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Review: Great Expectations – Charles Dickens


Great Expectations

Many of the books I l have left to read from the BBC’s Top 100 Books remain unread for a reason; put quite simply, they’re books I’ve avoided. Many of them are sci-fi; a genre I would never opt to read out of choice; a couple of them are dauntingly long; and until recently, three that remained were by Dickens – an author who I was convinced I would never quite click with.

A year or two ago, I read A Tale of Two Cities, one of his four entries on the BBC Big Read along with Bleak House, David Copperfield and Great Expectations. While the tale was a lovely one, I didn’t find it particularly easy to read; and in the months that have since passed I have thus avoided reading any more Dickens.

And despite my lack of interest in Dickens, I somehow found myself in possession of three copies of Great Expectations, and so it was, when bed-bound with a cold and having finished Treasure Island, I decided to crack on with Dickens’s highest ranked book from the BBC poll.

Having avoided any of the film or TV adaptations I knew nothing of the plot, or indeed the characters. Dickens’s thirteenth novel, Great Expectations was first published in serial form between 1960 and 1961 in Dickens’s weekly periodical All The Year Round. It tells the tale of orphaned Pip, who lives with his cruel elder sister and her long-suffering blacksmith husband Joe. As a young boy, he regularly visits wealthy spinster Miss Havisham, who, despite having been jilted by her fiance many years previously, still wears her old wedding dress. While on these visits to Miss Havisham and her dilapidated Satis House, Pip falls in love with her adopted daughter Estella and finds himself the victim of Miss Havisham’s mistreatment, much to his distress. And when, while working as an apprentice for Joe, Pip learns that he is to be a benefactor of a large fortune and must move to London to live as a gentleman, he assumes Miss Havisham to be the benefactress and pays her a final visit at Satis House to say goodbye.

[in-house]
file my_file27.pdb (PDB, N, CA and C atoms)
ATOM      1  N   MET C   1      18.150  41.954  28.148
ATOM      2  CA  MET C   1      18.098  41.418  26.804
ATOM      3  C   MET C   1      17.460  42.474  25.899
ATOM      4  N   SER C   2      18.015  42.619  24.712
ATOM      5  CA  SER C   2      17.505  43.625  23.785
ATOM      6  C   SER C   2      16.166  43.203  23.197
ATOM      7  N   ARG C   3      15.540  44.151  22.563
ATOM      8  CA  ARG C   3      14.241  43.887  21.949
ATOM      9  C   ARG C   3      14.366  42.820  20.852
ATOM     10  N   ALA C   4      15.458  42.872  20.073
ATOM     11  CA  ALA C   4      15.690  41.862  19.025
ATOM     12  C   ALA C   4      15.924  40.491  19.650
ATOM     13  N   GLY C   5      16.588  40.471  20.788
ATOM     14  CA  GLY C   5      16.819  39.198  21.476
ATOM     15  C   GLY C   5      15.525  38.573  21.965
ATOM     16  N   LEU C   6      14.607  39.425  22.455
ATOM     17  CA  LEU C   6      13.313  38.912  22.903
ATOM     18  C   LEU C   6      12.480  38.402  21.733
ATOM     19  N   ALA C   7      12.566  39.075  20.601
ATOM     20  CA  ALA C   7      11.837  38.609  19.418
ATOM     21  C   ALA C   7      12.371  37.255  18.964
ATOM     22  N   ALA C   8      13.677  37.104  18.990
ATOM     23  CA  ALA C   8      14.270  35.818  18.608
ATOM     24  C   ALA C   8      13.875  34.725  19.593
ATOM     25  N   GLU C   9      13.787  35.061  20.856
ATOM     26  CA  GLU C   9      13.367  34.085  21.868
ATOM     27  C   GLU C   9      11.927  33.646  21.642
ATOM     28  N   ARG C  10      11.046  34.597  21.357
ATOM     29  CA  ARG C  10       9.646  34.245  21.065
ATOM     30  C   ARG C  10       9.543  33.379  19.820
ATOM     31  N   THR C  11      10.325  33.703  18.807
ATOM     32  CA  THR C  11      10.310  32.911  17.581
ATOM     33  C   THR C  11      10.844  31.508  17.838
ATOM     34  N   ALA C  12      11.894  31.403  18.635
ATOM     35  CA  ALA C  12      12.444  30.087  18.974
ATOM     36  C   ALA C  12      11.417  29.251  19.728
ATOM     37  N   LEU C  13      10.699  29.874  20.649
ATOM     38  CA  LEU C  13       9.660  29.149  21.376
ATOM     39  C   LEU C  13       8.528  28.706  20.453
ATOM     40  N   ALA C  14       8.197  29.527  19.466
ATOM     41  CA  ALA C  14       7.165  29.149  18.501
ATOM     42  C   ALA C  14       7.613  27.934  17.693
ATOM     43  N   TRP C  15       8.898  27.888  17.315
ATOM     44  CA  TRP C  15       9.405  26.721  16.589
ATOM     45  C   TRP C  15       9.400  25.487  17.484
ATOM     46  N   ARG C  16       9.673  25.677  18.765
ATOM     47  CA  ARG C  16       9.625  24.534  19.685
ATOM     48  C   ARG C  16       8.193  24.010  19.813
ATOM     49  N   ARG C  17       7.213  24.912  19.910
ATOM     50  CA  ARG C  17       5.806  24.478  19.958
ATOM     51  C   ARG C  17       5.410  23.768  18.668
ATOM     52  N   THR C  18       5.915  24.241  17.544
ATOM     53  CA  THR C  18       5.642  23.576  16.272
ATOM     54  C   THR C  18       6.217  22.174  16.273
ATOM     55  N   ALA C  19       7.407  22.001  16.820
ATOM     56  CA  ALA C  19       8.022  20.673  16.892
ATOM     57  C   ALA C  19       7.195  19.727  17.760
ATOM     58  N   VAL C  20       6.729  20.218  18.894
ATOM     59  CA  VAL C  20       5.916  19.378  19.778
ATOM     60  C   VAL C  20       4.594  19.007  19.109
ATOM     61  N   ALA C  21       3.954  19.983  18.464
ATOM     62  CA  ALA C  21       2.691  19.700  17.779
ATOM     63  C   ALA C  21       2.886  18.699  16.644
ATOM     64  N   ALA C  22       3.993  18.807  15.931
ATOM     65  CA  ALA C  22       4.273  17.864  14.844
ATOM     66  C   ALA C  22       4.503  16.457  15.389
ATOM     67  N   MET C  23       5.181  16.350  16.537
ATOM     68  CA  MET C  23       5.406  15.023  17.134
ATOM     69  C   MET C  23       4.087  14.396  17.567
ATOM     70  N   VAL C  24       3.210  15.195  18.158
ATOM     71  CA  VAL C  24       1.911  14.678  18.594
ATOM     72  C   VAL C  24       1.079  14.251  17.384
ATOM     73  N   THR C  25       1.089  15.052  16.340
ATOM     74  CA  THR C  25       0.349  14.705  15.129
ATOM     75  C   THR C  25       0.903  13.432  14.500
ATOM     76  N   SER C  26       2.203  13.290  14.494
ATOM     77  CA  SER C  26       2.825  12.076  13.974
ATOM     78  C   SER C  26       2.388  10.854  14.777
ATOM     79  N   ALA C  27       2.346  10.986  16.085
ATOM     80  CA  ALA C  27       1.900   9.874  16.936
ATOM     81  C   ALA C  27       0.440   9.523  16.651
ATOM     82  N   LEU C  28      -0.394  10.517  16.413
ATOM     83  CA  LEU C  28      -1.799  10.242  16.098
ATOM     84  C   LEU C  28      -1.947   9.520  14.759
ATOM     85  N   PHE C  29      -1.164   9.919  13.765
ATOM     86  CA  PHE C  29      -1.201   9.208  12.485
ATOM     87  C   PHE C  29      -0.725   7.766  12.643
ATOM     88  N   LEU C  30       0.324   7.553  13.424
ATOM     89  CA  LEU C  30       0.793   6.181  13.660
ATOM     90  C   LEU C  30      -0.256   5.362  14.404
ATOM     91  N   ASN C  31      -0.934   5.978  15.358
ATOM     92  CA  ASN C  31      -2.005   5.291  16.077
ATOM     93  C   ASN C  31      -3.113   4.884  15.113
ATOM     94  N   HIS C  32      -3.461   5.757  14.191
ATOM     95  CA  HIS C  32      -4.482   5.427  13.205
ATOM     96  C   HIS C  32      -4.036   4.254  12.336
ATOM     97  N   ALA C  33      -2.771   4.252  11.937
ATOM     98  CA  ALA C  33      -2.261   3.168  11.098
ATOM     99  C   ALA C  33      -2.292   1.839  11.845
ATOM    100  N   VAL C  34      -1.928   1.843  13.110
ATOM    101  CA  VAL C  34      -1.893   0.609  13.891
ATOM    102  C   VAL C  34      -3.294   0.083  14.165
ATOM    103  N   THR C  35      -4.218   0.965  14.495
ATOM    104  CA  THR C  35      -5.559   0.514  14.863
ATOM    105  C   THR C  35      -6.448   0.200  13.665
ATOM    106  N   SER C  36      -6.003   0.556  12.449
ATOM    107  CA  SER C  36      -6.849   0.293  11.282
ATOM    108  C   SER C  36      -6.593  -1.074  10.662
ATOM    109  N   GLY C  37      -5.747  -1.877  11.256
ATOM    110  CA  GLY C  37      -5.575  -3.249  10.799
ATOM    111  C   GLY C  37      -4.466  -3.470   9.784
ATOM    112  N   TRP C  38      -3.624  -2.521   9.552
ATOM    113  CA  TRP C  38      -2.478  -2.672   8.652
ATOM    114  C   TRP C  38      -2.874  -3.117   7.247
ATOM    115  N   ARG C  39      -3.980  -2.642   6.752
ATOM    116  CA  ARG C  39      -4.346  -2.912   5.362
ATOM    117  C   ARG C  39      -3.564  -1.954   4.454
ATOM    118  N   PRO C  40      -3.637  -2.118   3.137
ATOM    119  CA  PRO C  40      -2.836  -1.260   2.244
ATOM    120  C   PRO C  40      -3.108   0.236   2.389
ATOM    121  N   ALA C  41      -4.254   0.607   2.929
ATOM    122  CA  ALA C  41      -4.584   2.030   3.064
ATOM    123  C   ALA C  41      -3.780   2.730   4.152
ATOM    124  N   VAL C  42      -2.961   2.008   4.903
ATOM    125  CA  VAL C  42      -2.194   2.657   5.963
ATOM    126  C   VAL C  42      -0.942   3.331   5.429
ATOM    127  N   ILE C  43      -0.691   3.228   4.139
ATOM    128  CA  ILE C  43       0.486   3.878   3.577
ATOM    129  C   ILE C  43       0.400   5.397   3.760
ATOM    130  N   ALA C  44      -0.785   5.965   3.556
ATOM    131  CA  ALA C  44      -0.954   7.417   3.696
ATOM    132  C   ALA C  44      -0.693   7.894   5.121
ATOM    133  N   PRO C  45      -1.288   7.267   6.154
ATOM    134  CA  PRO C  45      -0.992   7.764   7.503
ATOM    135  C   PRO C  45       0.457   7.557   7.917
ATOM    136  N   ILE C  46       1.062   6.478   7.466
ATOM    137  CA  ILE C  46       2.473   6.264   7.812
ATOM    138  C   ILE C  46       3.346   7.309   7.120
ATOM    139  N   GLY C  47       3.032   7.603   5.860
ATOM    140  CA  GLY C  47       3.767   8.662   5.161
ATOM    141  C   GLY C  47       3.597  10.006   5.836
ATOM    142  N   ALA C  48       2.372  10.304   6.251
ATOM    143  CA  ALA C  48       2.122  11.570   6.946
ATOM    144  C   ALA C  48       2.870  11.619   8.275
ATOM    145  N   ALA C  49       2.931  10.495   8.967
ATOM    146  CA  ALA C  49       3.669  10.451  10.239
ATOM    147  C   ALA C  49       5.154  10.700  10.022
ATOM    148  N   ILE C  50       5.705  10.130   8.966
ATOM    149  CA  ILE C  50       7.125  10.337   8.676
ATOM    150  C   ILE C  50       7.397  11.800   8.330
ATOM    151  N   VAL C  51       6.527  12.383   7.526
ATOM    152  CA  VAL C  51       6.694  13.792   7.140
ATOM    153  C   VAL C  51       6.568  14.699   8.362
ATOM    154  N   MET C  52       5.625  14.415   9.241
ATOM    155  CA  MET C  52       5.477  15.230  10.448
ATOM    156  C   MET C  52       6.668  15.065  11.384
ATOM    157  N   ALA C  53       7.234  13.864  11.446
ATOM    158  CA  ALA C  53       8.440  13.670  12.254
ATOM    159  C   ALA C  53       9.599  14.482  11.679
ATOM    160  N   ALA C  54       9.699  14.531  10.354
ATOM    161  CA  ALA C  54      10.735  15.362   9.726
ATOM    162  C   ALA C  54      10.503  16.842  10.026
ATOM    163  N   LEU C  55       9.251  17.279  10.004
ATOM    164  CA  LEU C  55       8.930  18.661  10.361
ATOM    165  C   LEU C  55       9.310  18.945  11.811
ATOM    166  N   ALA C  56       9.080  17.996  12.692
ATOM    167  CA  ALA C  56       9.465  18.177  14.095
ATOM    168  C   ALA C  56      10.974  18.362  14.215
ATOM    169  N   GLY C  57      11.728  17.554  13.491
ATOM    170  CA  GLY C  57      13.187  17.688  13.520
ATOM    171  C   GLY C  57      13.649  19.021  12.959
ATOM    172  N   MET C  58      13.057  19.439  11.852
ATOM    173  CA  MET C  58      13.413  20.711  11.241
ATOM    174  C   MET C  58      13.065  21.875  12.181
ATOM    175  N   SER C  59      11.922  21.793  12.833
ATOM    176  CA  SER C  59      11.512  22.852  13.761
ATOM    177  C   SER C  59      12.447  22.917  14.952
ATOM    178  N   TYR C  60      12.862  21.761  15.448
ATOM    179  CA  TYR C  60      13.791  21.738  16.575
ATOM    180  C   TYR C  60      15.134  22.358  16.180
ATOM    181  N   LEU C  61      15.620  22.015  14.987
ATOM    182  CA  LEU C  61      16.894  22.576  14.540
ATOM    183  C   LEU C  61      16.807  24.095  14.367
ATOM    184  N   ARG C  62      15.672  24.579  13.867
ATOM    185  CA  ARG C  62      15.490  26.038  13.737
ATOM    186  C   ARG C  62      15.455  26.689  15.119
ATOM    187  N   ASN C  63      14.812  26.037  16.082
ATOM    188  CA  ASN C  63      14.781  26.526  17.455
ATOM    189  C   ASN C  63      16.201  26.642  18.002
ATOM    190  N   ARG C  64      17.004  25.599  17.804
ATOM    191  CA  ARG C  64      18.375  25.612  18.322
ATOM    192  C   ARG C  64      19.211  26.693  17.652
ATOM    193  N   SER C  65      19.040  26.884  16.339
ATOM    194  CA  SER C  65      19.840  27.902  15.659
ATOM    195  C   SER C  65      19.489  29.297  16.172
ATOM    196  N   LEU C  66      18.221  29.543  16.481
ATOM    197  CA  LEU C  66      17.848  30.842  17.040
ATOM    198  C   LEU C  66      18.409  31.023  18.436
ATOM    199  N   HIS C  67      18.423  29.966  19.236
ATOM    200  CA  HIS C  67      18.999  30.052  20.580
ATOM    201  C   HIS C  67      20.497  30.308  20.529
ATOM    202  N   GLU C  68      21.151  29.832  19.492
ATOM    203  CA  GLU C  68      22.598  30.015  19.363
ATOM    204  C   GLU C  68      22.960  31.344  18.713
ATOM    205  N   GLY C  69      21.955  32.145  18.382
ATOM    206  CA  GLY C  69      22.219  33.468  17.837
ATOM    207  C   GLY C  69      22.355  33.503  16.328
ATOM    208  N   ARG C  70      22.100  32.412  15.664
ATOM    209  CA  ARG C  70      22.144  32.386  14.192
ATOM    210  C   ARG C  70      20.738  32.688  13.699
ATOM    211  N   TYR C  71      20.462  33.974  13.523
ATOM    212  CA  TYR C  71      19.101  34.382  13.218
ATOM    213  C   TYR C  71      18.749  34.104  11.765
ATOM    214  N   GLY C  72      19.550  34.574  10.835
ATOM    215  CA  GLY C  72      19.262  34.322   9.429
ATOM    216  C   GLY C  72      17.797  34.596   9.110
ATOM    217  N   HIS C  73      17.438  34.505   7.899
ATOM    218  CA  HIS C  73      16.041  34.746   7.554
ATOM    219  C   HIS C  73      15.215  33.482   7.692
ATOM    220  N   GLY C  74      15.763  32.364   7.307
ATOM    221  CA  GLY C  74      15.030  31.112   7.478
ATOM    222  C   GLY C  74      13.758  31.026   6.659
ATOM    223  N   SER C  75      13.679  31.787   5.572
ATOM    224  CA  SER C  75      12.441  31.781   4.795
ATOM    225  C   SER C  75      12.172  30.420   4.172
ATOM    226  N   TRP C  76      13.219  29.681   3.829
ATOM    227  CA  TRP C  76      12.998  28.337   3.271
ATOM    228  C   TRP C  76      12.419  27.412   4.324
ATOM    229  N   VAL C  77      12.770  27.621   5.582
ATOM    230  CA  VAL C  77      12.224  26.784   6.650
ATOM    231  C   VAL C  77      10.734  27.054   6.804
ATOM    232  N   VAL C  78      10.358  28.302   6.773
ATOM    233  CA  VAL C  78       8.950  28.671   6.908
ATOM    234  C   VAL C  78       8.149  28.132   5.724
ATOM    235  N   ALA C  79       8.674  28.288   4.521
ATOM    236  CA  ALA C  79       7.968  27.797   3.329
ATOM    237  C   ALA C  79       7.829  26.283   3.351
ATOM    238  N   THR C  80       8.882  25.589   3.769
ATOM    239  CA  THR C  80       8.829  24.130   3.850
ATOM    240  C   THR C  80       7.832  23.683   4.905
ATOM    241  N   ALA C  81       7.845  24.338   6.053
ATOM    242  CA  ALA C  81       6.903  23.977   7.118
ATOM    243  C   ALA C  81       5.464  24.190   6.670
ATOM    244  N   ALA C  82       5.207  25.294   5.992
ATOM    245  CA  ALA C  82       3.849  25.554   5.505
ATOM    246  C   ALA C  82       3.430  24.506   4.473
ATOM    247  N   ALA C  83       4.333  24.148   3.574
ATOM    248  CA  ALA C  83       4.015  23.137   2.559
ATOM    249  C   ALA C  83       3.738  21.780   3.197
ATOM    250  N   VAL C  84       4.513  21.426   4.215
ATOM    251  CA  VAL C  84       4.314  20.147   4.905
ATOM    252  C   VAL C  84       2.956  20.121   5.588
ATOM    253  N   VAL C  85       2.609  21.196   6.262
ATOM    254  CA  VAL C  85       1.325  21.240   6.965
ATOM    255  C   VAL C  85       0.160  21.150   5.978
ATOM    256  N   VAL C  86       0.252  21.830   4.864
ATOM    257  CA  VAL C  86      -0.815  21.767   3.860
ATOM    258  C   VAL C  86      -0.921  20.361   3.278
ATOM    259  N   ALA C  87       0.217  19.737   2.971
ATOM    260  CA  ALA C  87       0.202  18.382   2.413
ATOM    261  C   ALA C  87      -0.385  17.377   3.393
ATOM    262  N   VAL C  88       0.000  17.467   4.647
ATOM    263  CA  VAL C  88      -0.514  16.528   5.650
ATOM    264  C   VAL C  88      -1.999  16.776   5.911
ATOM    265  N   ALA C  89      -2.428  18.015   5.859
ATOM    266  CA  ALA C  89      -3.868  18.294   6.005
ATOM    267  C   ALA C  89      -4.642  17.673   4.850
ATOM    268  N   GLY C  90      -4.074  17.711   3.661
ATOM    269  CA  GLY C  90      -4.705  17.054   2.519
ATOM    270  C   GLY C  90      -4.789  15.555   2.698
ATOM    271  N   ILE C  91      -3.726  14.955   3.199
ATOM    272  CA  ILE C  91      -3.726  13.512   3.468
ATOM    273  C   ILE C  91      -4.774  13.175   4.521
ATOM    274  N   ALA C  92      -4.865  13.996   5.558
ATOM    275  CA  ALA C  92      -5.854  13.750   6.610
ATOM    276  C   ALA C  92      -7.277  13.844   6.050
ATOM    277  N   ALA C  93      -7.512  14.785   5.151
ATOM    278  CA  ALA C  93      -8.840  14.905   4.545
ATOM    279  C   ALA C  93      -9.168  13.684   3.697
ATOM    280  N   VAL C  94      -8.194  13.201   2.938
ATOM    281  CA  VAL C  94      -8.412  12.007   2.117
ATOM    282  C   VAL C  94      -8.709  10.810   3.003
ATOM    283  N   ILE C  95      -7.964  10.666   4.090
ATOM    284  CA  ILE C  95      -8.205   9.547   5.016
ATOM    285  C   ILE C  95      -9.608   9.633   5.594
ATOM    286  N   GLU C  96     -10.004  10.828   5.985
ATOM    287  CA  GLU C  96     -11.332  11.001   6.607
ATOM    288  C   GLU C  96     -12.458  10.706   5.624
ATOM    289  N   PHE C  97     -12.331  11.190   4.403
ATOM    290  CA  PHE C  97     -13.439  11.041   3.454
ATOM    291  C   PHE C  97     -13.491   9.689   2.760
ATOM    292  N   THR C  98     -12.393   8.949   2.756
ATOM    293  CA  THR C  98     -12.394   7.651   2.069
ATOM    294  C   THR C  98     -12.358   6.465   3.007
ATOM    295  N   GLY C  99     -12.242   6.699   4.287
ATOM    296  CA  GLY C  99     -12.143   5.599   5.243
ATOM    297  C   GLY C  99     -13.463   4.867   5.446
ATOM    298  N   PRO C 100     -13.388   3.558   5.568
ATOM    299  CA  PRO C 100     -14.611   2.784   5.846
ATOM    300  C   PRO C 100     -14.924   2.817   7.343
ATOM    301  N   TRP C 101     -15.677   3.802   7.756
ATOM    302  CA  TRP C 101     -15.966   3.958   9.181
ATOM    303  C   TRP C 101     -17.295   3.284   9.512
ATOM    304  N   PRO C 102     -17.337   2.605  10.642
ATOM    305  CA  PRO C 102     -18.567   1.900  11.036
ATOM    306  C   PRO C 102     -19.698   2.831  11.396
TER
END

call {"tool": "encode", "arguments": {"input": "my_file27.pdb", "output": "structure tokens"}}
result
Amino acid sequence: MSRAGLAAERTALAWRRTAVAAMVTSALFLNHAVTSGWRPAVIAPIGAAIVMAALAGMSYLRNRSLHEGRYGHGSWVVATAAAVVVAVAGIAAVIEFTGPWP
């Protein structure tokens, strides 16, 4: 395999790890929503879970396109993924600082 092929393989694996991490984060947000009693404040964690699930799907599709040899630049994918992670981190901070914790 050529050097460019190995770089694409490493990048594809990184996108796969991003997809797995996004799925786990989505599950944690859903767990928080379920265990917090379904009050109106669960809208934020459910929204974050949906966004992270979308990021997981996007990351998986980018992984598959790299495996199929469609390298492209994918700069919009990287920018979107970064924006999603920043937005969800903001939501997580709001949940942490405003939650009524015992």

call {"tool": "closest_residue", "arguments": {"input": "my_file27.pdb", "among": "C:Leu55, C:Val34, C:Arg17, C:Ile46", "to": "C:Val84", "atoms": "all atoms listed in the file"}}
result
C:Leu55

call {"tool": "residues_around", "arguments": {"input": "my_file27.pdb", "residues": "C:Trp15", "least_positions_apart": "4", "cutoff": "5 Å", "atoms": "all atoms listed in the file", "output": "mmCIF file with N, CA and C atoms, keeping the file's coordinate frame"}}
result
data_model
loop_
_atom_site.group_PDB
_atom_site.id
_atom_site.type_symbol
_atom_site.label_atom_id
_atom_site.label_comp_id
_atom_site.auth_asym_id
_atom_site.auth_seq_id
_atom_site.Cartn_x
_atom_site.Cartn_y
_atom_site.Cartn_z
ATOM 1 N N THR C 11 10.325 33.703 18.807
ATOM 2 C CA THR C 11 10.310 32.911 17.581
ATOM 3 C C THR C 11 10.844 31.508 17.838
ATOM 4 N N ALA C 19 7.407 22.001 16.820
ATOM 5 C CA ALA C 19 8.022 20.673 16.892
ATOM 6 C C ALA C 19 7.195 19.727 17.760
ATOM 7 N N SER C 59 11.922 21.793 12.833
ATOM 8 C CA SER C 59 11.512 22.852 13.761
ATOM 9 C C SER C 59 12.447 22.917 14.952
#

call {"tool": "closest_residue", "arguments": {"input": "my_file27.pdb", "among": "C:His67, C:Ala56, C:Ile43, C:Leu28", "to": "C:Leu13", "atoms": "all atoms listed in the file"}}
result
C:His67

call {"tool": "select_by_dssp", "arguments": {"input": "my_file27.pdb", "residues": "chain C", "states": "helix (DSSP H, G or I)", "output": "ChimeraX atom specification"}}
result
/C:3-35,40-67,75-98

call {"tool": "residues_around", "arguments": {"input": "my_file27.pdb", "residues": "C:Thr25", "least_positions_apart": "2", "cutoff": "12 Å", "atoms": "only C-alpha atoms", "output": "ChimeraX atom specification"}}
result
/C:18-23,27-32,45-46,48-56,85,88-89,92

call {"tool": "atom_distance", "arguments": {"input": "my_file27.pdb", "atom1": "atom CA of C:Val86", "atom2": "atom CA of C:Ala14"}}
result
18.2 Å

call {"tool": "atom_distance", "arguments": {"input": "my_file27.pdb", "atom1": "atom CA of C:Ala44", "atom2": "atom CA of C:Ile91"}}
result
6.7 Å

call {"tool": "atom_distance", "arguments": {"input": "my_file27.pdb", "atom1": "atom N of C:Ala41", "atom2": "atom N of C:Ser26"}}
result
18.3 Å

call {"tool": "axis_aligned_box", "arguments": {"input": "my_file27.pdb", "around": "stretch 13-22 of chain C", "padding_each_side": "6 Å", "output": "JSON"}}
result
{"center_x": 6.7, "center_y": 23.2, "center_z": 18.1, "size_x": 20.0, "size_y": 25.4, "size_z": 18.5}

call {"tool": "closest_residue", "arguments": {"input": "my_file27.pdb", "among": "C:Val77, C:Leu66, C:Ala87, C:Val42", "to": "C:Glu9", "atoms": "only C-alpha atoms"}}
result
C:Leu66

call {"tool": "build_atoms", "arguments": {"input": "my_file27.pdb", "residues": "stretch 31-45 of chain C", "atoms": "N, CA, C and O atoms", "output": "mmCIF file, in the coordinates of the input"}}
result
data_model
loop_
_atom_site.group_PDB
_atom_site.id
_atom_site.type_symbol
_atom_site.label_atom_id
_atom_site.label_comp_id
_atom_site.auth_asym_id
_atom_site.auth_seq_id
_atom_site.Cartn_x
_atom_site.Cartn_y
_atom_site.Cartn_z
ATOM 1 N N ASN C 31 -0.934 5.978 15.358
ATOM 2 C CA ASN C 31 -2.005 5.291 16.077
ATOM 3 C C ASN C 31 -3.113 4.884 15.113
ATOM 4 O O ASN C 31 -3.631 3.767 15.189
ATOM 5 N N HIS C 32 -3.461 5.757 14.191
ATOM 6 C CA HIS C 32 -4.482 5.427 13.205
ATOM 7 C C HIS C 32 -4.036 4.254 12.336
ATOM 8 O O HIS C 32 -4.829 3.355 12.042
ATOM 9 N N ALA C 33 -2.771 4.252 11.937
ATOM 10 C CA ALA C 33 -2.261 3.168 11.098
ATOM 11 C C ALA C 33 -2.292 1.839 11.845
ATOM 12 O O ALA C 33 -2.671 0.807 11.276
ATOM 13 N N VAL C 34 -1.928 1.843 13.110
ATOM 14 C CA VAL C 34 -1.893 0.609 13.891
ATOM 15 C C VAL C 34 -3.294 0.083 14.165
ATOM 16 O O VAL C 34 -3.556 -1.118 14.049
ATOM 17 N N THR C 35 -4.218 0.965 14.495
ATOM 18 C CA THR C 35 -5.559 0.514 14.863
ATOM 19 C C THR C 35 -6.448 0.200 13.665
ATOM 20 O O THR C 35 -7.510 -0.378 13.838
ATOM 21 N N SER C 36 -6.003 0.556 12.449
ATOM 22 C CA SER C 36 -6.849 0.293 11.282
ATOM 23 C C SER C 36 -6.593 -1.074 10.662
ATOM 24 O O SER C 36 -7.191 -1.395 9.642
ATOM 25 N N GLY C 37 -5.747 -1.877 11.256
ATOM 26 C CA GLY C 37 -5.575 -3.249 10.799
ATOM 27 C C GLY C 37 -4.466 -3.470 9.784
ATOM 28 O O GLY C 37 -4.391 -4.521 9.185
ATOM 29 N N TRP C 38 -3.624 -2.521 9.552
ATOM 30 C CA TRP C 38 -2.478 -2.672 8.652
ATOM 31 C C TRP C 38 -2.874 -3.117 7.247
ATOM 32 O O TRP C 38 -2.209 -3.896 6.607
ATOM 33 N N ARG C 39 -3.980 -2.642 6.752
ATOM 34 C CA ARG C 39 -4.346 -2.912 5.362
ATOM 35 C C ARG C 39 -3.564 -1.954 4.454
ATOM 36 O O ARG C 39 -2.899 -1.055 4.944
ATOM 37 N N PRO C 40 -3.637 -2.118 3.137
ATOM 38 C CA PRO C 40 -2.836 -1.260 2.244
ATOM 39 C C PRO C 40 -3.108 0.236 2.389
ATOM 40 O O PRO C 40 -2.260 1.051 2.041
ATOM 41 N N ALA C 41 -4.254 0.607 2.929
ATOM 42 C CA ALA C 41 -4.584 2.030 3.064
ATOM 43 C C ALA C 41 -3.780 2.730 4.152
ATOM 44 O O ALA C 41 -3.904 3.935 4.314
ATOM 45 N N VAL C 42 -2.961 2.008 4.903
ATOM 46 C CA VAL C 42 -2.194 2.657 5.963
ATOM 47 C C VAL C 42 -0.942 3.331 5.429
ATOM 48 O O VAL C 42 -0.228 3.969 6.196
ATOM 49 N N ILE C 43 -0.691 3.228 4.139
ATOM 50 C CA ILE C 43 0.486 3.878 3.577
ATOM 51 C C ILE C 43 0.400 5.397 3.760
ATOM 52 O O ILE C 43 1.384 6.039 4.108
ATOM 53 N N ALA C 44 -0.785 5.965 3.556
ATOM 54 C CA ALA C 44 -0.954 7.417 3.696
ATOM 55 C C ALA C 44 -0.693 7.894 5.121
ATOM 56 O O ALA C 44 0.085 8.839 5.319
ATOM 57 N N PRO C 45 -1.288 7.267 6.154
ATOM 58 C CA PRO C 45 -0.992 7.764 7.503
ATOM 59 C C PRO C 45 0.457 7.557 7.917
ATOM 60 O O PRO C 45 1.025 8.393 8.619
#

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However, all is not as it seems, and through a deftly woven plot rife with twists and turns, the reader finds out exactly how Pip came into his undisclosed fortune and the consequences that lay thereafter.

In comparison to A Tale of Two Cities, I found Great Expectations both an easy and enjoyable read, and Dickens frequent use of cliffhangers at the close of each chapter left me wanting more. A hugely atmospheric tale with profound use of imagery, reading Great Expectations has made clear why Dickens is often hailed as one of the literary greats. This is easily one of my favourite books I’ve read from the BBC’s Big Read and has certainly further whet my appetite for discovering more about an author who up until recently I knew little about.

About Great Expectations

In what may be Dickens’s best novel, humble, orphaned Pip is apprenticed to the dirty work of the forge but dares to dream of becoming a gentleman — and one day, under sudden and enigmatic circumstances, he finds himself in possession of “great expectations.” In this gripping tale of crime and guilt, revenge and reward, the compelling characters include Magwitch, the fearful and fearsome convict; Estella, whose beauty is excelled only by her haughtiness; and the embittered Miss Havisham, an eccentric jilted bride.

About Charles Dickens

Charles John Huffam Dickens (7 February 1812 – 9 June 1870) was an English writer and social critic. He created some of the world’s best-known fictional characters and is regarded as the greatest novelist of the Victorian era. His works enjoyed unprecedented popularity during his lifetime, and by the twentieth century critics and scholars had recognised him as a literary genius. His novels and short stories enjoy lasting popularity.

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Born in Portsmouth, Dickens left school to work in a factory when his father was incarcerated in a debtors’ prison. Despite his lack of formal education, he edited a weekly journal for 20 years, wrote 15 novels, five novellas, hundreds of short stories and non-fiction articles, lectured and performed extensively, was an indefatigable letter writer, and campaigned vigorously for children’s rights, education, and other social reforms.

Dickens was regarded as the literary colossus of his age. His 1843 novella, A Christmas Carol, remains popular and continues to inspire adaptations in every artistic genre. Oliver Twist and Great Expectations are also frequently adapted, and, like many of his novels, evoke images of early Victorian London. His 1859 novel, A Tale of Two Cities, set in London and Paris, is his best-known work of historical fiction. Dickens’s creative genius has been praised by fellow writers—from Leo Tolstoy to George Orwell and G. K. Chesterton—for its realism, comedy, prose style, unique characterisations, and social criticism. On the other hand, Oscar Wilde, Henry James, and Virginia Woolf complained of a lack of psychological depth, loose writing, and a vein of saccharine sentimentalism. The term Dickensian is used to describe something that is reminiscent of Dickens and his writings, such as poor social conditions or comically repulsive characters.

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